The documentary, My Octopus Teacher, traces the singular and exquisite friendship that develops between the diver, Craig Foster and his subject, a common octopus (Octopus vulgaris) over the course of nearly a year of daily dives and visits with her. Coming off a 2-year film making project in the Kalahari desert of Africa, totally spent, uninspired, and in need of a radical change, Craig returns to his childhood home on the western cape of South Africa. He remembers the joy he felt as a child diving in the shallow kelp forest there, in the Cape of Storms, on the edge of the chilling and tumultuous Atlantic ocean. The sea beckons him and he begins the acclimation process of diving without gear or wetsuit in the 46°F water.
Craig discovers an unrecognizable mound of shells and stones out of which the octopus eventually emerges and his curiosity is so captivated that he resolves to study, observe and get to know this fascinating creature to the point of obsession, and how grateful we are for his deep dive. We get to see how Craig transforms into an amphibious creature himself, relaxing into the frigid cold, taking long graceful swims amongst the kelp, regulating his breath so as to sustain his underwater forays and up-close encounters with the enchanting mollusk. He narrates every step of the development of their relationship, from the beginning when the octopus becomes aware of his presence and observes him from behind a cloak of kelp, through her curiosity and exploration of his camera, and onto the trust that slowly builds between them which allow them to become an intimate part of each other’s worlds.
The film captures the beautiful and mysterious underwater world that few of us ever see, full of exotic and strange creatures and plants, “more so than our science fiction.” We learn so much about the octopus, her adaptability, and her intelligence, honed over millions of years, on par with that of cats, dogs, and lower primates. We see her ability to strategize, learn, and remember, skills necessary as she is both predator and prey in these dangerous waters. We witness the drama of her life, full of striped pyjama sharks, her primary predator, and the lobsters and crabs and mollusks she hunts. Her many camouflages, colors, and movements illustrate an endless “creativity to deceive.” And, we learn, she has only one year to live. Craig is there for 80% of it and so we also get to witness the playfulness, vulnerability, trust, sharing, fear, care, intimacy, and preciousness of their shared time together as he documents the arc of her days and his own transformation.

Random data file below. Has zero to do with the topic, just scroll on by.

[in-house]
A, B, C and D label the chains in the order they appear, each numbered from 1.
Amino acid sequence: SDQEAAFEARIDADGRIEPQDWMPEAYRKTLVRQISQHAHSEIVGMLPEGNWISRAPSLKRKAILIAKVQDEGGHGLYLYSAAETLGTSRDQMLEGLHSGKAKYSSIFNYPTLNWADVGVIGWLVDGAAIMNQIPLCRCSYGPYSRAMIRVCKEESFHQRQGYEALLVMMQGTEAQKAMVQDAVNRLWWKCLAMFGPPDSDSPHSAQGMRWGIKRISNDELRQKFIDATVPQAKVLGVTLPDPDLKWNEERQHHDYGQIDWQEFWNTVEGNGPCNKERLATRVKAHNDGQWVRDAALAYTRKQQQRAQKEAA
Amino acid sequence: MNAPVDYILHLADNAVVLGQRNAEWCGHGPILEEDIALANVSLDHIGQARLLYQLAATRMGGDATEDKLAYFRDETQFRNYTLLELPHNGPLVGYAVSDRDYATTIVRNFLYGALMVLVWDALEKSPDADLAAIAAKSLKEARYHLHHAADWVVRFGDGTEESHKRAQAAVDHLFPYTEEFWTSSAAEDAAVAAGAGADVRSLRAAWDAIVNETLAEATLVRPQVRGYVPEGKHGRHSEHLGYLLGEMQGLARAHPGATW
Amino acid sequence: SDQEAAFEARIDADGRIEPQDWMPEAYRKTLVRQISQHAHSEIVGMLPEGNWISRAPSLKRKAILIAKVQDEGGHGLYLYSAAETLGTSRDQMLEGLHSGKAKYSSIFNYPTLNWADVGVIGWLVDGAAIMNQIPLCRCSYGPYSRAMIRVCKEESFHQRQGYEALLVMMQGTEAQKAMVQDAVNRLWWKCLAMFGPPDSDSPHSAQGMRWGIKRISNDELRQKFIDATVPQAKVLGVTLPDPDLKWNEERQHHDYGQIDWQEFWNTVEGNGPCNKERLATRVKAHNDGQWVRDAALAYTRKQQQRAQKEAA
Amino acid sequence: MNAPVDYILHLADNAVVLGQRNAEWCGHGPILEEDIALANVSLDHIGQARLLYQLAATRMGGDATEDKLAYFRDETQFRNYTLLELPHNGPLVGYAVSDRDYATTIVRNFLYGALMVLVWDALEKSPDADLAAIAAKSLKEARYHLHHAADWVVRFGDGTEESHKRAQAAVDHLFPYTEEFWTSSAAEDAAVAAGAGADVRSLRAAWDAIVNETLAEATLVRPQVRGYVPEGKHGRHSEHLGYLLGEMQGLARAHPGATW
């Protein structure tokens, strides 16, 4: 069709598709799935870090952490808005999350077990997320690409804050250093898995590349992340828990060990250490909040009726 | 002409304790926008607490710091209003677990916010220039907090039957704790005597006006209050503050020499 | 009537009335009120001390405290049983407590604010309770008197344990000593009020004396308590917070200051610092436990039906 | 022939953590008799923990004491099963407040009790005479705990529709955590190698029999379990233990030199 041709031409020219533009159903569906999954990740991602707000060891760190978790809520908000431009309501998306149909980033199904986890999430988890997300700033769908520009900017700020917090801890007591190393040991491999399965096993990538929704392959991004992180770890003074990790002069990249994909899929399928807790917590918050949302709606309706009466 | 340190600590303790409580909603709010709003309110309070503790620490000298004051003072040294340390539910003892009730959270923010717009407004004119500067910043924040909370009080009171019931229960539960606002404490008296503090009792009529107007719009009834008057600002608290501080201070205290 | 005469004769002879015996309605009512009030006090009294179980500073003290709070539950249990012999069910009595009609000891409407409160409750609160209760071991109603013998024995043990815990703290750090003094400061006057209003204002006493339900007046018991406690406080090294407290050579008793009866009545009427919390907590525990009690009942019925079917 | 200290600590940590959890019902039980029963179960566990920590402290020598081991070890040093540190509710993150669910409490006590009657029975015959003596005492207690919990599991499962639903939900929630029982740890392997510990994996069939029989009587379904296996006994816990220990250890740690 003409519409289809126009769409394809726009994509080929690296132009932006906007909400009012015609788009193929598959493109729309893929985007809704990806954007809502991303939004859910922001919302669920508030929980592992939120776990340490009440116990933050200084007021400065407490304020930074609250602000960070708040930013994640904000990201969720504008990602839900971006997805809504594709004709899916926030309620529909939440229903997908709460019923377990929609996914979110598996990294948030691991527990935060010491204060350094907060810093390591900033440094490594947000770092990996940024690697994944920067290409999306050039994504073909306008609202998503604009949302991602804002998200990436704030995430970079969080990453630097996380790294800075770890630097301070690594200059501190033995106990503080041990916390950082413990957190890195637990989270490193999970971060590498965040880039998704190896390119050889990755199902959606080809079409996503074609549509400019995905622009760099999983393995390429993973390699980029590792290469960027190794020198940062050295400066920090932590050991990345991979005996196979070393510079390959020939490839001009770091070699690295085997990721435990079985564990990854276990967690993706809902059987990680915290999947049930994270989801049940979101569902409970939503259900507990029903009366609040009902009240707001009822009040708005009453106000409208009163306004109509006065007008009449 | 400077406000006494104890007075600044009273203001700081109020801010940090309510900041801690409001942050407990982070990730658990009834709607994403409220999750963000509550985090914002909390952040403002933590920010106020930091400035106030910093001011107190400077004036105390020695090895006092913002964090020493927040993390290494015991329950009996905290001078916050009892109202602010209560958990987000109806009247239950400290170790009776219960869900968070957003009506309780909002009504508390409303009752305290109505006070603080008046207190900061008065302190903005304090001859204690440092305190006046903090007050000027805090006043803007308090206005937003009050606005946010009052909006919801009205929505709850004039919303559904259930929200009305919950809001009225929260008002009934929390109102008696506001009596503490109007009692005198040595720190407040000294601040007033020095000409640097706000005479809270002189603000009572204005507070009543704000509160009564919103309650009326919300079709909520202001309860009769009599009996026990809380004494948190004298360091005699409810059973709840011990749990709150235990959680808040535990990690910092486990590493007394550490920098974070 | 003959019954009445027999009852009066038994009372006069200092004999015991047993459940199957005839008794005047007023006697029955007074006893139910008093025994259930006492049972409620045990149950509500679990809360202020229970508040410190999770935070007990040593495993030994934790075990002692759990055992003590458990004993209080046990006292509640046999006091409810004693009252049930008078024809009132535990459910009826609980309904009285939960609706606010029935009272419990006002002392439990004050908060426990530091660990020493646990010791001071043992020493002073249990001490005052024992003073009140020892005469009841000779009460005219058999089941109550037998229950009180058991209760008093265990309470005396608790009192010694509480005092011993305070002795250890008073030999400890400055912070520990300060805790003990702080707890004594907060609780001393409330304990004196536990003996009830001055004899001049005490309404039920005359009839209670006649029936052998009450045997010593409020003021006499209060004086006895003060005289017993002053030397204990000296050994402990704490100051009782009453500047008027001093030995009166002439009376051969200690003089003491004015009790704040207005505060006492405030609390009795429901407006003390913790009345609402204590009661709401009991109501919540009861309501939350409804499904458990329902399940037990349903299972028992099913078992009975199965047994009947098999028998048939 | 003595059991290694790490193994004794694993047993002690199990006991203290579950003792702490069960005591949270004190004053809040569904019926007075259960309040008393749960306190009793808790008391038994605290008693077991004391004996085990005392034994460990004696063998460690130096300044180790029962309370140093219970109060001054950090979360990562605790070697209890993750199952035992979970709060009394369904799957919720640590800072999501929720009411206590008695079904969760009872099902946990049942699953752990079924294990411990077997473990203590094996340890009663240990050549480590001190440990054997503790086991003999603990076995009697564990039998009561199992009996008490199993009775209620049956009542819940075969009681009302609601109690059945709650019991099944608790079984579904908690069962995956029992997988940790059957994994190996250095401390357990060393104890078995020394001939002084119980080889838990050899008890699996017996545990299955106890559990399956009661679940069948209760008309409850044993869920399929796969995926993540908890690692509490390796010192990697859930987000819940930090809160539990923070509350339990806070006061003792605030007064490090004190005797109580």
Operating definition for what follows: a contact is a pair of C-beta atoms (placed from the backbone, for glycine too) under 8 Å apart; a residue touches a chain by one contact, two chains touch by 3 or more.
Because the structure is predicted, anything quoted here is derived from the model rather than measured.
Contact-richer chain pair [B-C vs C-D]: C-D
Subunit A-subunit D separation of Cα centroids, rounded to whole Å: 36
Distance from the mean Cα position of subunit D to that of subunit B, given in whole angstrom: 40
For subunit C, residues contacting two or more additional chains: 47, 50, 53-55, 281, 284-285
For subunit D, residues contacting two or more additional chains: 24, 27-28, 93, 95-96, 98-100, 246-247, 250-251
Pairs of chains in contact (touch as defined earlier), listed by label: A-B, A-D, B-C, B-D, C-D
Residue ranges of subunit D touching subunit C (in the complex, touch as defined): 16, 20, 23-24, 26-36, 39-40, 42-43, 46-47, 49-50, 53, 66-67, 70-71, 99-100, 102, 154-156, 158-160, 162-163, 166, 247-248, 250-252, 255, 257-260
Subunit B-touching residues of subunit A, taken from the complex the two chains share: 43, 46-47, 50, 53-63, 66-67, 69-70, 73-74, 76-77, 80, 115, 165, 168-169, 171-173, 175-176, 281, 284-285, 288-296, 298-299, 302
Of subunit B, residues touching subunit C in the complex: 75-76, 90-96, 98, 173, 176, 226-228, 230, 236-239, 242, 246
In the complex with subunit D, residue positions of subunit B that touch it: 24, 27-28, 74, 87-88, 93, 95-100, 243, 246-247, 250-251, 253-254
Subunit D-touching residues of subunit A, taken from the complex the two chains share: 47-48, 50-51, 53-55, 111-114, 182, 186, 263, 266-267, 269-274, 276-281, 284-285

We become privy to “octopus joy” as she dances with Craig in the water, rides on his hand as he ascends for air, plays with a shoal of dream fish, or rests on Craig’s chest in a display of trust, closeness and reunion after having been spooked away for a week. During that week, Craig employs the skills of the master trackers he spent time with in the Kalahari. In this way, he is able to observe closely how she has disturbed the algae, left traces of kills behind and tracks in the sand, until he relocates her and she is clearly happy to be found. Craig realizes that he is stimulating for her intelligence. She realizes he is not a danger to her and it is “absolutely mind-blowing” for him that she so fully celebrates him in her world. Through his deep commitment to his practice of diving every day in order to familiarize himself with this most amazing creature Craig is able to realize his aspiration to be inside the natural world, like the master trackers of the Kalahari, rather than a mere observer.
He comes to care about all the creatures of this wild place, even the tiniest. He learns how each is important and how they are all interconnected and vulnerable. “She taught me to feel that I am part of this place rather than a visitor.” Transported by the beautiful visuals, an extraordinary story of care, commitment, and love, as well as by a lush and dynamic musical score, “My Octopus Teacher,” is a tremendous achievement of art, marine biology, and ecology and an invitation to know, protect, and celebrate our precious world and each other in it.
Bravo! Wonderful report, Claudia, inspired and inspiring.